A Foul Fowl Deed–True Story Part Two

Hi, all, Sher here with part two of my Foul Fowl Deed story. In case you didn’t read the first part, please click here, and a new tab will open so you can read without losing your place. Once you’re read the first post, you’ll know something bad is about to happen. Don’t chicken out. . . keep reading.

On our anniversary, hubby and I went out to eat dinner. He didn’t shut the chickens in and lock the coop because he thought we’d be back before dark. Well, we got back after dark and found a trail of feathers leading from the chicken coop across the yard. There were only ten chickens in the coop, all huddled together on the top roost. The gray hen and one white one were gone. Needless to say, I didn’t sleep well that night.

Talk about egg on the face, big disgrace. . . We haven’t had a brown egg since. That’s how we found out for sure that the gray chicken laid brown eggs. The next day, I heard a shot and didn’t think much of it. Later on, hubby found out the neighbor had shot the fox that probably raided our hen-house. Sorry, I didn’t get a picture, but I think you get the idea. I don’t think I would have wanted to see that anyway.

Believe me, now we’re very careful to make sure the chickens are inside on time. But we’re not ever going to get as many eggs as we did before the fox stole two of our chickens unless we replace them. Is it worth it? It might be if we build a more secure coop. Hubby has the materials ready. He’s also fencing in the orchard we’re planting, so the chickens can wander and scratch and peck to their hearts’ content during the day without messing up the yard.

Wait. Four paragraphs and I haven’t mentioned writing. Or books. So what does this story have to do with either? I could relate chickens and foxes to characters. Of course there have to be heroes and villains. And characters (like hubby and  I) who make mistakes and hinder the hero’s quest. Those are good mistakes for a book, the kind that make people turn pages. Then there the kind of mistakes that make readers throw a book down–too many typos, spelling and grammar errors, etc. Those kill a book as surely as that fox killed our chickens. Mistakes are why I started editing–to prevent BTS (book throwing syndrome).

How else does my chicken story relate to books? How about comparing the chickens to book content and the coop to packaging, especially the book cover. Doesn’t it take both good chickens and a good coop to make good sales? i.e. more eggs/dollars? Not necessarily for an exceptional marketer or adult content, but usually, yes. I might buy a book because of its cover, but that doesn’t mean I’ll read it all if it’s got a lousy plot and/or boring characters. That’s another reason I became an editor: to feed those chicken characters until they “bug-gawk”–that’s what our chickens say–right off the page.

Raising chickens takes some learning, as does writing. I’m trying to learn from my mistakes–including how to protect my property and increase production, also important concerns for writers. To protect my intellectual property, I have to be careful what I post here because Blogger can do what it wants with my content. I might own it, but they get to reproduce it whenever and wherever they please. As for production, I plan to toot my own horn to increase sales. Not even trade publishers promote every author’s book anymore. I just went to a seminar where I learned the big publishers might pick two authors a year to advertise. Everyone else has to do their own marketing.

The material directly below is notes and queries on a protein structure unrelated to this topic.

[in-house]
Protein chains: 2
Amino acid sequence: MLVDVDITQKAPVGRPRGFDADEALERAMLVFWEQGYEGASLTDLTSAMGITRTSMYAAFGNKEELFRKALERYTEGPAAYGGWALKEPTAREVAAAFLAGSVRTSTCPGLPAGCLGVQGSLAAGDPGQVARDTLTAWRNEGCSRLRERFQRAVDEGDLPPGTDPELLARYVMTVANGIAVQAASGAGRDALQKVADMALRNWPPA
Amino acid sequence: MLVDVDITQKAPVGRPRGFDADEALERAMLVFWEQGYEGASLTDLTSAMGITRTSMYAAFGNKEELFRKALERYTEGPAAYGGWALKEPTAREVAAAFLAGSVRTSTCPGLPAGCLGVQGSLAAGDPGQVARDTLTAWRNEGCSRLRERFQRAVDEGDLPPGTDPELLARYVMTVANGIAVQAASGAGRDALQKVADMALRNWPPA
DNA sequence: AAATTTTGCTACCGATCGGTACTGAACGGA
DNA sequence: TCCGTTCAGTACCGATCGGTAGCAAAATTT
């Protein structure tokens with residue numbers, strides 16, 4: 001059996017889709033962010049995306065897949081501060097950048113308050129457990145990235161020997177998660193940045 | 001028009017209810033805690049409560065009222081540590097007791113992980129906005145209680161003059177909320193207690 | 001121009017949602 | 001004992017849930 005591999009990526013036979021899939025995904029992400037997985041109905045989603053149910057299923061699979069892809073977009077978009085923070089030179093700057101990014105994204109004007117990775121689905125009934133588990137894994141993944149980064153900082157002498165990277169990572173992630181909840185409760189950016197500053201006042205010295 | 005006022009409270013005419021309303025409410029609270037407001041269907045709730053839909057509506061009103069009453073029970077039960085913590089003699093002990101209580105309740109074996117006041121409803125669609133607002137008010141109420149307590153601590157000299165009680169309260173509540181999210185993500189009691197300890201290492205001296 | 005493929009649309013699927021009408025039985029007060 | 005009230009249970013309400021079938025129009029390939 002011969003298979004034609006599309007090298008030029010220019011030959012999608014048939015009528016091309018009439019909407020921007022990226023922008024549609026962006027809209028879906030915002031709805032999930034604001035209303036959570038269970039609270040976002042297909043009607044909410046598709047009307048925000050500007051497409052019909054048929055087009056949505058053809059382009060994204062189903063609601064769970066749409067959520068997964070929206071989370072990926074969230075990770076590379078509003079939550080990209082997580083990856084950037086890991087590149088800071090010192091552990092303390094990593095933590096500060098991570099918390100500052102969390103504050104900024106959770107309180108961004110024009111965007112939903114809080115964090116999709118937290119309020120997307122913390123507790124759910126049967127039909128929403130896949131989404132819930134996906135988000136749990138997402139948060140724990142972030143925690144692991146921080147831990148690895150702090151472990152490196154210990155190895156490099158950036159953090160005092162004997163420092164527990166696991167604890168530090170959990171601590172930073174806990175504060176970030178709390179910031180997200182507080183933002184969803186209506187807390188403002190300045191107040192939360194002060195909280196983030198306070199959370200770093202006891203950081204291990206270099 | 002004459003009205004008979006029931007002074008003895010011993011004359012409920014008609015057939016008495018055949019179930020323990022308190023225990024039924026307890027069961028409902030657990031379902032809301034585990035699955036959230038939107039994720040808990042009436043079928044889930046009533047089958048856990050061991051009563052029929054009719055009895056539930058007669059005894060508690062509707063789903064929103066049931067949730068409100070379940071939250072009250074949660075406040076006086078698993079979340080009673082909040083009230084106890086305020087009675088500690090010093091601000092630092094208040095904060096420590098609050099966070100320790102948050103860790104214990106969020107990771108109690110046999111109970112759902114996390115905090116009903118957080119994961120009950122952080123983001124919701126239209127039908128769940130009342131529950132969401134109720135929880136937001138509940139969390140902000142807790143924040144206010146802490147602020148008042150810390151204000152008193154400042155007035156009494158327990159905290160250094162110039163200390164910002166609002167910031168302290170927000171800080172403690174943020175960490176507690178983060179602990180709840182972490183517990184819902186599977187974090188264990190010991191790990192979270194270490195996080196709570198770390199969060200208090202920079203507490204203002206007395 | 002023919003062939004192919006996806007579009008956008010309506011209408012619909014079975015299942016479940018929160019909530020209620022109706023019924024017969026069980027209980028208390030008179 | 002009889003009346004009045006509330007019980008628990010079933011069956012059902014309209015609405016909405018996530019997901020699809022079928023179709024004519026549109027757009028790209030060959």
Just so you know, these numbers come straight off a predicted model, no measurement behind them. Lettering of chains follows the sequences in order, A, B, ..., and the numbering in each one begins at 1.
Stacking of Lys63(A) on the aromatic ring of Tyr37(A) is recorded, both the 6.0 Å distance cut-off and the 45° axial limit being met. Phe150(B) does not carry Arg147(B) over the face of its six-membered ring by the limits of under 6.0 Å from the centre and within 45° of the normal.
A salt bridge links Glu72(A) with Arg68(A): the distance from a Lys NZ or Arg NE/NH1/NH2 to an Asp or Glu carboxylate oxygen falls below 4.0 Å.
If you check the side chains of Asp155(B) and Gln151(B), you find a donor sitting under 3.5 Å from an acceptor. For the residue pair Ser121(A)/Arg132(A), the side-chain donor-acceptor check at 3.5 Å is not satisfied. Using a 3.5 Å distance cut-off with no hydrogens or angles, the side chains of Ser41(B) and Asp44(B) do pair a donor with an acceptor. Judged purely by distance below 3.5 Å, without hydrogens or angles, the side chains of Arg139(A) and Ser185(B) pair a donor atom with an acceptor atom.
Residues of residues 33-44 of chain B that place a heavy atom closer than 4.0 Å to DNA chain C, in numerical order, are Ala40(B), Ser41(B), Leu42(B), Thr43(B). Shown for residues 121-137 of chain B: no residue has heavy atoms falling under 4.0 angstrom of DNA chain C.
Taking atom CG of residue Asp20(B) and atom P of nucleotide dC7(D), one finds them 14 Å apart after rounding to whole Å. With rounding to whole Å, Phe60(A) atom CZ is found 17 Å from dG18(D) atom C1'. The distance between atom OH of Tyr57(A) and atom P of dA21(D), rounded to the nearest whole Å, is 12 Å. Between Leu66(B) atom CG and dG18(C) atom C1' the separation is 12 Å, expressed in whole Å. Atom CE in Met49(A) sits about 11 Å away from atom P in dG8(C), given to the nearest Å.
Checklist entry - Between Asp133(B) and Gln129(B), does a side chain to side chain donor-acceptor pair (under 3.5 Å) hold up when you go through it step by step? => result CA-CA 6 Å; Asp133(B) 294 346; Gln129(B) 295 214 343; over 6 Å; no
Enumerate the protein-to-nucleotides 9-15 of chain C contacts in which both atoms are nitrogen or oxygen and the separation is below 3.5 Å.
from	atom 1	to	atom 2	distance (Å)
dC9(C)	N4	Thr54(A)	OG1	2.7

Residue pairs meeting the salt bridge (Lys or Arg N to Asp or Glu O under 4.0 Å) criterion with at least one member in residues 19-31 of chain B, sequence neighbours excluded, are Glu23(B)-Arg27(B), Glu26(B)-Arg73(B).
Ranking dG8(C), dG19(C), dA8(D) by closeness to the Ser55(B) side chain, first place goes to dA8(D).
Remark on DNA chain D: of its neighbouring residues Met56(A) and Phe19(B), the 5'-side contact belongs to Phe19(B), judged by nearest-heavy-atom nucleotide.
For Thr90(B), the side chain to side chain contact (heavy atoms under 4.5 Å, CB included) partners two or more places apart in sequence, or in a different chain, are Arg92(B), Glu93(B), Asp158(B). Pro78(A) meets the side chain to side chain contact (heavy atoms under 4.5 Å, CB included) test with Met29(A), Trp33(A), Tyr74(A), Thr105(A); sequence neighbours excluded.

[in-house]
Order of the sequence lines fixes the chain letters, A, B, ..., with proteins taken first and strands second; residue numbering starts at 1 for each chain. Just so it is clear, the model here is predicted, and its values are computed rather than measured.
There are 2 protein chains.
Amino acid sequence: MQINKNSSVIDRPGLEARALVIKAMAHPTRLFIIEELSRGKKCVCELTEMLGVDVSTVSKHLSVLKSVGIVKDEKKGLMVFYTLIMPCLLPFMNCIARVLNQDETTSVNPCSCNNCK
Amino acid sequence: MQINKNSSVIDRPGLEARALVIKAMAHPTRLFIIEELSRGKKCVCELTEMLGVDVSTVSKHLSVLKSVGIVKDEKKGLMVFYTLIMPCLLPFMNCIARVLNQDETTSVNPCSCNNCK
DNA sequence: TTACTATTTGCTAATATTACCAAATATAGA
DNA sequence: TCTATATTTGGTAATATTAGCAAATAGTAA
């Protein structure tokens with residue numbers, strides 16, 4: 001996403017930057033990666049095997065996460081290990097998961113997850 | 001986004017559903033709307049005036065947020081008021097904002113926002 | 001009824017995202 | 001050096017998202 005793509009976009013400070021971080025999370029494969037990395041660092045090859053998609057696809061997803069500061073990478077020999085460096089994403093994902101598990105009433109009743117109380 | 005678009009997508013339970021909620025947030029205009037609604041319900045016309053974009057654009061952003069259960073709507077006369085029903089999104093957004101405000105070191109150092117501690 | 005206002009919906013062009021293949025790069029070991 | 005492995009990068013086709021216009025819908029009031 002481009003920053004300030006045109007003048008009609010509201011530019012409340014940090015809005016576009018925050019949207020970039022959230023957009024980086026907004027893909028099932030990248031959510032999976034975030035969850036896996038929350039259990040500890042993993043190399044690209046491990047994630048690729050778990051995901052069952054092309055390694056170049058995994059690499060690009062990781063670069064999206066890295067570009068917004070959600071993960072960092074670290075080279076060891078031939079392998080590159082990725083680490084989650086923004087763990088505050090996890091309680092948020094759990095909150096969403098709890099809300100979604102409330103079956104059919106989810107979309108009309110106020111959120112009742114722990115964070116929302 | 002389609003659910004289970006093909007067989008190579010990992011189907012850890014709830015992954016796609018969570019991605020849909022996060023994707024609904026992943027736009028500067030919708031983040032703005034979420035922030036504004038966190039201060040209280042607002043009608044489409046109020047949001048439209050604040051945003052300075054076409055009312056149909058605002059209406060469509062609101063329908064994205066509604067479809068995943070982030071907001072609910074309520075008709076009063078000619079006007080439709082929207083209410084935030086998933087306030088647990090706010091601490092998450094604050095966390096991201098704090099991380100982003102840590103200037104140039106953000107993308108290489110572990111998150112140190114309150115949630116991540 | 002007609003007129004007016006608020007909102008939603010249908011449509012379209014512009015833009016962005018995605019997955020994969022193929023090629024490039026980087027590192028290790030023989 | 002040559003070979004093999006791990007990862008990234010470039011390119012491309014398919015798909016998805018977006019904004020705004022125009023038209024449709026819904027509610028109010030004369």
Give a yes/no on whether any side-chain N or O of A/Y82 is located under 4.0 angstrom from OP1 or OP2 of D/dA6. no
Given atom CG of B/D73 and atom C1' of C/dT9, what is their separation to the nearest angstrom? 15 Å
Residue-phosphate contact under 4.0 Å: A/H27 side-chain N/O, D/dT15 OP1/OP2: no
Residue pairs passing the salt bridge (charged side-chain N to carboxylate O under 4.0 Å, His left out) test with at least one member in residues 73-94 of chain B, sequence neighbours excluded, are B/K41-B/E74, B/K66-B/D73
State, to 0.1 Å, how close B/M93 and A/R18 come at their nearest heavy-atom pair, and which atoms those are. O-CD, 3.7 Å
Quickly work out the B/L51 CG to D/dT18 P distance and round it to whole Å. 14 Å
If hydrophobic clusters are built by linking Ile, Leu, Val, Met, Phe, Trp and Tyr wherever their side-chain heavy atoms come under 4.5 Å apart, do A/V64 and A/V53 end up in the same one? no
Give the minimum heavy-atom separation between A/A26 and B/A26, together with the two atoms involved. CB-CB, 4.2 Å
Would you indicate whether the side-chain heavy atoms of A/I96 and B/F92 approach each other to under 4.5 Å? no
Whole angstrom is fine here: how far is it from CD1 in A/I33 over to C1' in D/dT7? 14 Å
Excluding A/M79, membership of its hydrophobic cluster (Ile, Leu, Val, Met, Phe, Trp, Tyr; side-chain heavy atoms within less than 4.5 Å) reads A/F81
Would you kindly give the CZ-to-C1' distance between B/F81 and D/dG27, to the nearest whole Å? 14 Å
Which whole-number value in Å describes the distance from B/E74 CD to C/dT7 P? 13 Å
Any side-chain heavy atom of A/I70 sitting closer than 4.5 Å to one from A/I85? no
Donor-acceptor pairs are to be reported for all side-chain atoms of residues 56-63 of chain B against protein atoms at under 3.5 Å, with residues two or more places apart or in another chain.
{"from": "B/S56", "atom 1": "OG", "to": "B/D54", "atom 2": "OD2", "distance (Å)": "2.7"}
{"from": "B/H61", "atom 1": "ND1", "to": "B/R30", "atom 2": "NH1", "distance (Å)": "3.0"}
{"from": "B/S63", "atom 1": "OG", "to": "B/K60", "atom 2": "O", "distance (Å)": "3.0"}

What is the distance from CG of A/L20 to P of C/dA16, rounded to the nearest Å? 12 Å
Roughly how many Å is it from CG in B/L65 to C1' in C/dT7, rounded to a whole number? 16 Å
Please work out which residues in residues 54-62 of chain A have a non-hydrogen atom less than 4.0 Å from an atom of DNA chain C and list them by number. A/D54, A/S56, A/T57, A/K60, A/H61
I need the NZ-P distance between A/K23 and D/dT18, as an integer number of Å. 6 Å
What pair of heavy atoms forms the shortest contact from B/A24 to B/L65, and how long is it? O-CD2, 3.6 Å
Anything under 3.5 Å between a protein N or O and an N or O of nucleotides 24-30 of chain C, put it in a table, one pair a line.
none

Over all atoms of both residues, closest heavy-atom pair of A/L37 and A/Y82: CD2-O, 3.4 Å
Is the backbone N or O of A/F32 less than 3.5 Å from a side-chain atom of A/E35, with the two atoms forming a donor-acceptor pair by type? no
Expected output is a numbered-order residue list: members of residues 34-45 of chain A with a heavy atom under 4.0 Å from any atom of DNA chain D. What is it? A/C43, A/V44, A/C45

Do you think you’re good enough to be top chicken?

More likely you’ll be like Chicken Little–“The sky is falling!”–if you try it on your own. You need a good critique group followed by a good editor, a knockout book cover, and plenty of publicity in the form of blog tours and great reviews, not the kind that call you a cluck or say you laid an egg–unless it’s golden.

Are those all the ways my fox in the hen-house experience can relate to writing? I doubt it, so if you can think of more, please do tell. I really wanted to tell the story about our chickens, and I hope I did it in a way that helps at least one struggling writer think out of the coop and break out of the flock–without getting eaten by wolves. Or foxes.

As a final note, this is as close as I’ve gotten to telling a story in months. Moving is hard. It takes time, energy, and leaves little left for other pursuits. Avoid it if you can. If you can’t, well, store up all that trouble in your mind so you can dump it on your characters later.

Share A Heart

Indie author-friendly freelance editor, children's book blogger for picture books through YA, kid lit, SF/fantasy lover with special fondness for middle grade, pun-loving SCBWI member, meter-maid for poetry and rhyming picture books.


  1. I wondered how you were going to work taking car of chickens and writing, but you did and it’s great! Sorry about the lost hens. Those foxes are clever beasts when they’re hungry!

  2. Yep. That’s the main reason I’m thinking of switching over to a WordPress blog sometime in the future.

    So what does your cat think of all the chickens?

    • So far, Furball has just watched from the screened in back porch but not tried to get out. I think he knows those chickens are as big as he is. He’ll be on a leash when his eye heals enough that I think he can go outside with me, and I’ll be ready to pick him up and run inside in case of a chicken attack!

      Let me know if you try the free formatted WordPress blog from the link I sent you. I’m going to do it because Brent said I could get a different domain name and play with it as long as I want before I point my current blog at it.

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